At the end of his workday, Francesca directs him to meet a client named Mr. Ward at a boxing gym. It turns out that the “client” is Howard, and he’s tricked Jimmy into coming so the pair could settle their differences once and for all by “punching it out.” At first, Jimmy laughs off the suggestion, but at the last moment, Jimmy gets that indignant fire in his eyes that we’ve seen countless times throughout the series. He decides to step in the ring with Howard and it’s a great scene full of physical comedy and some fun POV camera work. It ends with Jimmy flat on his back, and neither man leaves the ring believing that their problems are solved. We then see Howard meeting with a man that he asks to follow Jimmy and report back on everything he does and everyone he talks to. Now there are two separate parties tailing Jimmy McGill daily.
While Jimmy is getting a black eye, Kim meets with her old paralegal Viola. It’s supposed to play as a belated apology for leaving Schweikart & Cokely so suddenly, but in actuality, Kim is trying to get more information about the Sandpiper case. Kim learns that a man named Rand Casimiro is serving as judge, something that she and Jimmy are looking to exploit, but Viola spends the scene praising Kim and telling her how much she admires the work she is doing. You can almost see on Kim’s face how much she knows she doesn’t deserve to be treated as some altruistic saint. Once again, it’s fantastic acting from Rhea Seehorn.
Finally, Gus spends the episode highly alert and paranoid, ready for Lalo to spring at any moment. Gus doesn’t want to allow the Salamancas to get the drop on him in any way shape or form, going so far as to stash a .38 in the unfinished super lab just in case he should need it. Little does he know that Lalo is halfway across the world in Germany, continuing his investigation into the super lab. Lalo uses his charm and worldliness to stage an encounter with Werner’s widow. Seriously, Tony Dalton is so good here you almost forget he’s a murderous sociopath. He casually pries for information, but when she retires for the evening without inviting Lalo into her home, he decides to break in the next day and do some digging himself.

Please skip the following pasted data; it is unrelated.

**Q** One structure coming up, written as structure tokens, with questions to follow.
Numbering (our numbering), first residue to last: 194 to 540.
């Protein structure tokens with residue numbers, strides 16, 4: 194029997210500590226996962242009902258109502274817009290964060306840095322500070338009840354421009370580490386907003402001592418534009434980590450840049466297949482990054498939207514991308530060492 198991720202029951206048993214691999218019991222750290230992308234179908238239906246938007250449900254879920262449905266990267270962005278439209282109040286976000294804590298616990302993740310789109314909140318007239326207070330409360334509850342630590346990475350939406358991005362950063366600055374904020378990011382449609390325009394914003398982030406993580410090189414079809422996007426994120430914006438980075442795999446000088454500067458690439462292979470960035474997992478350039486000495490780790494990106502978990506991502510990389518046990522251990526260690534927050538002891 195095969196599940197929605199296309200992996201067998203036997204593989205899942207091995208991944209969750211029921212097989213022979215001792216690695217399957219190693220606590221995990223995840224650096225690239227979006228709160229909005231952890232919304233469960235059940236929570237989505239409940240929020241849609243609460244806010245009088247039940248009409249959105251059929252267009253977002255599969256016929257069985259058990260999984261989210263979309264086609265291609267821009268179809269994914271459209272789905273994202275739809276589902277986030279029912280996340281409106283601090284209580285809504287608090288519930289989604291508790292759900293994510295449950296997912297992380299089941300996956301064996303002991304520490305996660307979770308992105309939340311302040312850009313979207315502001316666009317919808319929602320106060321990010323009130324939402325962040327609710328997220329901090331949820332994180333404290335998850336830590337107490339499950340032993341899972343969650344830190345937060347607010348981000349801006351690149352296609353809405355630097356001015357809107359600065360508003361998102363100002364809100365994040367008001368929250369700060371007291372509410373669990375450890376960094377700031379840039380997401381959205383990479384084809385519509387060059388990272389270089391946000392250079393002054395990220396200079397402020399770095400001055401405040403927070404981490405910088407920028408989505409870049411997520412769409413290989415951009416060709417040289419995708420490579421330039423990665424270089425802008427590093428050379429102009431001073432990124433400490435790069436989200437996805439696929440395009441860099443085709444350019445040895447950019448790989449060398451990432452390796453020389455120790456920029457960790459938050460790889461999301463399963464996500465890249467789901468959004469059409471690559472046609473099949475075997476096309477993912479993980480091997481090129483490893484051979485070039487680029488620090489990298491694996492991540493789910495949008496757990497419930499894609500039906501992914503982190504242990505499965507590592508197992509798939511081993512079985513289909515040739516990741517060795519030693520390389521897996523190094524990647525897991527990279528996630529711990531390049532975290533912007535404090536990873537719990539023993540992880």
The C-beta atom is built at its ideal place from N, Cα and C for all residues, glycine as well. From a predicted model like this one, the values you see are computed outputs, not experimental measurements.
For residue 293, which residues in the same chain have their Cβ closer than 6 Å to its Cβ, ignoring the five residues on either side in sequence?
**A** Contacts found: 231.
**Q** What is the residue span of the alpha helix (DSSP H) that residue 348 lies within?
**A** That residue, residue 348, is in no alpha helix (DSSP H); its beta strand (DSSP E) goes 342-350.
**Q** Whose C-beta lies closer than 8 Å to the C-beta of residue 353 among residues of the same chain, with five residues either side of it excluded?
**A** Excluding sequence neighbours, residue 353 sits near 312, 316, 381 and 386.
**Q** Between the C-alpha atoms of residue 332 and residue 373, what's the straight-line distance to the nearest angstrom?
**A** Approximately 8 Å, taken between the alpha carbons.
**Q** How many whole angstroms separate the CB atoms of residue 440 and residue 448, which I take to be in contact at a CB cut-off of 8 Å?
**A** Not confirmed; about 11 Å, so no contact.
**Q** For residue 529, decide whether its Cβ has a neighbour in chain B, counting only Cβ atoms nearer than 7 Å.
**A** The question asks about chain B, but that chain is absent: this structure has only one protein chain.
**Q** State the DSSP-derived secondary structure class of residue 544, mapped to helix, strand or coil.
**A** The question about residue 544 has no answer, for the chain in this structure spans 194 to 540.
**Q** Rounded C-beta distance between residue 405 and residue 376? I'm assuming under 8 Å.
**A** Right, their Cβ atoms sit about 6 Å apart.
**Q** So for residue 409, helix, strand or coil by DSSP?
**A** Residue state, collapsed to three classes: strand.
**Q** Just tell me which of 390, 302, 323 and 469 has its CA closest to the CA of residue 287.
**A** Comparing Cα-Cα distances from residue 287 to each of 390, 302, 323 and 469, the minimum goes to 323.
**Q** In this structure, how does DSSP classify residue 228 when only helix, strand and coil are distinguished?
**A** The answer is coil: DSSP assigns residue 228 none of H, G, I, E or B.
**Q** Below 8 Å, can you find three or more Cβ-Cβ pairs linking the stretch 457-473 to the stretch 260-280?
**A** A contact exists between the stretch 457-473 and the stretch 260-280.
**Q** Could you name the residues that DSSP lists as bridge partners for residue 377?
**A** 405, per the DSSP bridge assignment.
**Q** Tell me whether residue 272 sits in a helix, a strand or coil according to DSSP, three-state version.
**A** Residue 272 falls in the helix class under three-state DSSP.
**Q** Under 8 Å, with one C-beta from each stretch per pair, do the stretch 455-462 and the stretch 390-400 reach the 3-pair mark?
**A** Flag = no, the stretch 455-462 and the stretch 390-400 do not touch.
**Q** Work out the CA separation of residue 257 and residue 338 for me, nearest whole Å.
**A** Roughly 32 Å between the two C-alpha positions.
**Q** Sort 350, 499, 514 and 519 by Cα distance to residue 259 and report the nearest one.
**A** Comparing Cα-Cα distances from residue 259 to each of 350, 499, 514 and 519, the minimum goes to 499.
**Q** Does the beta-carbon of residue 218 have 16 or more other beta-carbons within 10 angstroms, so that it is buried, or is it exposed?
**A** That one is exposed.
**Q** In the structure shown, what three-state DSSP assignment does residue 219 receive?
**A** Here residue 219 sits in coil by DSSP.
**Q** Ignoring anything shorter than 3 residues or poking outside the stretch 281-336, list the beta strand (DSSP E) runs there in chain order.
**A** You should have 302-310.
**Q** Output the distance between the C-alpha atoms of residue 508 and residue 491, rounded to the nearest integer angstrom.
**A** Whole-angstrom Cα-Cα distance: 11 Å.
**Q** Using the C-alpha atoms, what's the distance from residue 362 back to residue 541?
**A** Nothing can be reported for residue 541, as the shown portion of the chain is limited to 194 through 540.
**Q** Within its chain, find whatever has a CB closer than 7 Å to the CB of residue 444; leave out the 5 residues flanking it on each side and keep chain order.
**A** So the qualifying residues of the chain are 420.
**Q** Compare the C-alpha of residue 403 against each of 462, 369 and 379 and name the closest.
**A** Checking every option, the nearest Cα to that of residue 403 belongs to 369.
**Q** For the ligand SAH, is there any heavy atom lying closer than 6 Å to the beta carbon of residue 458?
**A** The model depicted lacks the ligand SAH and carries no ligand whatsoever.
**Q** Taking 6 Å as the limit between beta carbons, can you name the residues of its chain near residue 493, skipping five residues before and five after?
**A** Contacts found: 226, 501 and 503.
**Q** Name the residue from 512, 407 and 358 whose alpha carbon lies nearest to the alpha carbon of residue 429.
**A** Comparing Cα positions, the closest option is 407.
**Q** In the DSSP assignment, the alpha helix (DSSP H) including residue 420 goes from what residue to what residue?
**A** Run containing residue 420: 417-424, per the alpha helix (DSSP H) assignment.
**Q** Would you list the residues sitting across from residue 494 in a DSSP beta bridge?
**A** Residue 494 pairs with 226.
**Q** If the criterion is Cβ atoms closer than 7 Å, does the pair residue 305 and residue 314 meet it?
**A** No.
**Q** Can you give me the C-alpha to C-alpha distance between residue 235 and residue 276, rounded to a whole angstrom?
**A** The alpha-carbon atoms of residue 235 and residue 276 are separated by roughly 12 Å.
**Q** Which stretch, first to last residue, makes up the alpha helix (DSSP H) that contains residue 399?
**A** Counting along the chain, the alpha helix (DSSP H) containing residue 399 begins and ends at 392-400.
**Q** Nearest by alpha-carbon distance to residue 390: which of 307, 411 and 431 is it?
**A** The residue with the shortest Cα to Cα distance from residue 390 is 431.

While Lalo is rooting around Werner’s office, the woman unexpectedly returns home. The camera work builds suspense, hinting that something awful may happen, but Lalo slips out a window without harming her. He decides to leave after he witnesses some sort of keepsake on the shelf, highlighted in the episode’s cold open. Forgive me for not knowing my tools, but it’s some sort of tool encased in plexiglass inscribed in German from Werner’s “boys.” On the bottom, a manufacturer name of “Voelker’s” can be seen. It seems like Lalo will try to hunt down some of Werner’s crew next for answers.
An episode with a Howard and Jimmy boxing match and the reappearance of Lalo is always going to score points, but there are subtle moments throughout “Black and Blue” that make it an enjoyable watch for Better Call Saul diehards, even more so than last week’s easter egg-filled hour. For others, it may be written off as another table setting installment, but Kim’s decision not to tell Jimmy about Lalo and her brush off of Viola’s flattering compliments feel like they might be moments of no return. At least now that Howard is aware that someone is coming after him, Kim’s mission to humiliate him doesn’t feel as cruel.